National Care Home Group To Roll Out Dementia Virtual Reality Tour

NATIONALcareA pioneering staff training programme about dementia will be rolled out across a national group of care homes.

PrimeLife commissioned Training2care’s virtual reality tour in response to Prime Minister David Cameron’s pledge to boost dementia research last year.

Mr Cameron also said he wanted provide better access to help, advice and support for people who have the condition and their carers.

The virtual reality workshop was piloted at PrimeLife’s head office in Leicester where staff and people affected by dementia attended.

Vicki Shaw, PrimeLife’s Director of Quality Matters, said: “At PrimeLife we are committed to ensuring our high standards of care are not only maintained but improved.

“We wanted to develop a deeper understanding of what our clients who have dementia go through every day.

“We are committed to delivering quality care, which is why we felt this training day would be hugely beneficial to our members of staff. The feedback we received was hugely positive so we’re rolling it across the rest of our care homes.”

Participants were asked to conduct a series of tasks while wearing specialist equipment which were designed to stifle their senses.

Attendees wore goggles to blur their vision, spiky inserts in the bottom of their shoes to impair movement, large gardening gloves to replicate loss of nerve endings and headphones with loud music to increase disorientation.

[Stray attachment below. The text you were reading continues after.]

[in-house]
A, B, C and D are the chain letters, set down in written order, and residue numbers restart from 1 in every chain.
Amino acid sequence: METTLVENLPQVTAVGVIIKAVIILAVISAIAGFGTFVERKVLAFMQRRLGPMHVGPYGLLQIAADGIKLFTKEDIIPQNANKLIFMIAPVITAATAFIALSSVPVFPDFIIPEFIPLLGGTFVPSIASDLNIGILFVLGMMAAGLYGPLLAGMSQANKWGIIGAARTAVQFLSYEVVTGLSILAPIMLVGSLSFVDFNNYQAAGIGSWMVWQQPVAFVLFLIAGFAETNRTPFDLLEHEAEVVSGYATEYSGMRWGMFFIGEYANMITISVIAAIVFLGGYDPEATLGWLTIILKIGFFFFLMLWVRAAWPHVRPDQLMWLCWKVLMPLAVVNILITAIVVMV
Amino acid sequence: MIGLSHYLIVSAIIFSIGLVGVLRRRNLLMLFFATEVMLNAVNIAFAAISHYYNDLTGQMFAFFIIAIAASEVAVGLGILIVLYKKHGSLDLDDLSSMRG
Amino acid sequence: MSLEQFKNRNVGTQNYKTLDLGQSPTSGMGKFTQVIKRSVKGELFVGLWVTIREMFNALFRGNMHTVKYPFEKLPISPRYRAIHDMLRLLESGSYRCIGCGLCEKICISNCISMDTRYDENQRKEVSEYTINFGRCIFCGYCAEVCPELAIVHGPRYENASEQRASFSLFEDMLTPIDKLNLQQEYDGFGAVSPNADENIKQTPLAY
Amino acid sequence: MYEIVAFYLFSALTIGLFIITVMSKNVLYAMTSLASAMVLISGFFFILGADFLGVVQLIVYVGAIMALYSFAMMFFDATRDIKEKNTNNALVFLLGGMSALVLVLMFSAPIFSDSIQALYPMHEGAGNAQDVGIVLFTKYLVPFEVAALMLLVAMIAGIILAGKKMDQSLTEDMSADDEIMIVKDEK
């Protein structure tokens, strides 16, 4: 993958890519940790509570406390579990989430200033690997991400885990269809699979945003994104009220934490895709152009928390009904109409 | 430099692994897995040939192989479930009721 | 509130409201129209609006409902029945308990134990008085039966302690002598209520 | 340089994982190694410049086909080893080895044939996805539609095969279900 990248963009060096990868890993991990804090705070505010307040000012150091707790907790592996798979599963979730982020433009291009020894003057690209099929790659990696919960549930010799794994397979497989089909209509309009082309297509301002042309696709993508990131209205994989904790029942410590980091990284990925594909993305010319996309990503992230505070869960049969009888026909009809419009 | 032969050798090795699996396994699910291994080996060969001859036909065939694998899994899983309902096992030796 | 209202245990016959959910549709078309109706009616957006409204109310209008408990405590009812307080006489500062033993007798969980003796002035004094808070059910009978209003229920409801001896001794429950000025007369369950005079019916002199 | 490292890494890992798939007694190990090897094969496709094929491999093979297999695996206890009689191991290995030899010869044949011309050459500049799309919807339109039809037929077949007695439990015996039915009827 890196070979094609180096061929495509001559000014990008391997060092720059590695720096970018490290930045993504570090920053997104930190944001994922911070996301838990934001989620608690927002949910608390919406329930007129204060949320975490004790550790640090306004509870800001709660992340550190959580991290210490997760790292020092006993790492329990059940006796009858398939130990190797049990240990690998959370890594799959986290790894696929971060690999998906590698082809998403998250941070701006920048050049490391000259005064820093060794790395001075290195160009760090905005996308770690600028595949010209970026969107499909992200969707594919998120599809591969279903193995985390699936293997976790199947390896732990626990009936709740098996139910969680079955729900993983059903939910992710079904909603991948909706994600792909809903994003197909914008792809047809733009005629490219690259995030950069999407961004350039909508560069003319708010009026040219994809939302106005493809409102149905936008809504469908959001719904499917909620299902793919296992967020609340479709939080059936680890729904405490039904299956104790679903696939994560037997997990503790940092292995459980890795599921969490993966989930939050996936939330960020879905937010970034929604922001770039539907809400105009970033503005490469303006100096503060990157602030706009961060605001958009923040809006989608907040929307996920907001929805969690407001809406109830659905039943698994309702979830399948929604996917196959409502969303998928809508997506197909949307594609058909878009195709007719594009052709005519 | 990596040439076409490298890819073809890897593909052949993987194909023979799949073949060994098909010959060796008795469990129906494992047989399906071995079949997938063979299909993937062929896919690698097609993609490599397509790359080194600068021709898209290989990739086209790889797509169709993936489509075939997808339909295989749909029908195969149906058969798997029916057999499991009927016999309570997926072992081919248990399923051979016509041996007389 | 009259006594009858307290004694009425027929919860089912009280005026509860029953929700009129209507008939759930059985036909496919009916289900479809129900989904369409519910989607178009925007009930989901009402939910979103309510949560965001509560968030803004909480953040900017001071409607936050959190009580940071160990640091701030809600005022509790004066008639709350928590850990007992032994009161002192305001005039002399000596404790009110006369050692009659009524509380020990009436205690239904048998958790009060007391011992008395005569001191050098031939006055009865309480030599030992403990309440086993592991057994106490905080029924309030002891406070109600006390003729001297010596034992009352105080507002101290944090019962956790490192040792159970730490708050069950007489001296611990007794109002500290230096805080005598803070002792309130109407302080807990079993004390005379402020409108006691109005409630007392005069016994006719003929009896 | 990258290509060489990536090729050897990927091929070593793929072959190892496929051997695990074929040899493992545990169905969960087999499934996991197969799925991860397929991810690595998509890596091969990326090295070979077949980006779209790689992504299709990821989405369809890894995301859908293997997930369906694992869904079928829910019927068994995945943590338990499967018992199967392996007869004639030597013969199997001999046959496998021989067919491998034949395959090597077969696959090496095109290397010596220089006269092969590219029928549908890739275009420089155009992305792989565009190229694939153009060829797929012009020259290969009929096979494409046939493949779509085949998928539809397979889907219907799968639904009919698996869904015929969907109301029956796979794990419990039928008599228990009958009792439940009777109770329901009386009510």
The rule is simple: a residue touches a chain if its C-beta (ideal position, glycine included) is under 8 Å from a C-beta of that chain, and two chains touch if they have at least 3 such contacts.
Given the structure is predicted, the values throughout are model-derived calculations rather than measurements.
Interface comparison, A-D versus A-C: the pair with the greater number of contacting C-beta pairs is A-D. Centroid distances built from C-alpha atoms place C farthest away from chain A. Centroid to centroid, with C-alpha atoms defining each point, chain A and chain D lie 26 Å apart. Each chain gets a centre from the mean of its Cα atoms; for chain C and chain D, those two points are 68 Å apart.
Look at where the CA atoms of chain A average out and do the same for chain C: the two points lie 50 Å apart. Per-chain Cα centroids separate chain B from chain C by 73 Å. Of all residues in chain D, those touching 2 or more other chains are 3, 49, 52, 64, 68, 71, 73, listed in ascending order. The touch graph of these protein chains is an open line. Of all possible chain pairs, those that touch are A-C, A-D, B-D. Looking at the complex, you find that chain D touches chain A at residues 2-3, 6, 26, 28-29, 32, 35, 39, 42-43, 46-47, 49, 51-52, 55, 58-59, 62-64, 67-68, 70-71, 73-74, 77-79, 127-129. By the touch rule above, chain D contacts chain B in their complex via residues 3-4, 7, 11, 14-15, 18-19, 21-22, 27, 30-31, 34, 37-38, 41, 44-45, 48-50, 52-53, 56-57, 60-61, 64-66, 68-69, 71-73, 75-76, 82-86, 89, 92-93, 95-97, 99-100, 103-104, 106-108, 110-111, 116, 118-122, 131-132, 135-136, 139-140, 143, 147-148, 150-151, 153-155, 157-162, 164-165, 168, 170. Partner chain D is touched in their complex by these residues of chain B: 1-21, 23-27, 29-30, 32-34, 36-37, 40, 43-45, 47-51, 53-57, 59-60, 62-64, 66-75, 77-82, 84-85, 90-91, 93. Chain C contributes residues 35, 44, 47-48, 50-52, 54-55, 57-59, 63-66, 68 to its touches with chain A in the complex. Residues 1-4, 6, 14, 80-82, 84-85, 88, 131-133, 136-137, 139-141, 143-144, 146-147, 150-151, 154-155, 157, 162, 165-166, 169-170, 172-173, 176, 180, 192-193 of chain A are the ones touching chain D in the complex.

Rachel Hough, a PrimeLife carer, said: “It wasn’t easy to understand what we were being asked to do by the course leaders and most of us just ended up guessing and walking around helplessly.

“Afterwards we were told some of the instructions we were given had actually been things like ‘match a pair of socks on the bed’. However, the glasses we were wearing were so bad you couldn’t even tell where the bed was.

“I think what we’ve learnt today has definitely helped me understand dementia better. I think the tour will be hugely beneficial to the rest of our staff as it really does change how you see the condition.”

Lesley Hartshorne, whose mother has dementia, also participated in the workshop.

She said: “I’ve learnt more about the daily struggles my mum encounters in eight minutes than I have in the past 20 years, thanks to taking part in this workshop.

“The tour made me feel like I was living her life and I experienced the frustrations she must regularly go through. I have a much better understanding of dementia now and what it feels like.”

 

 

 

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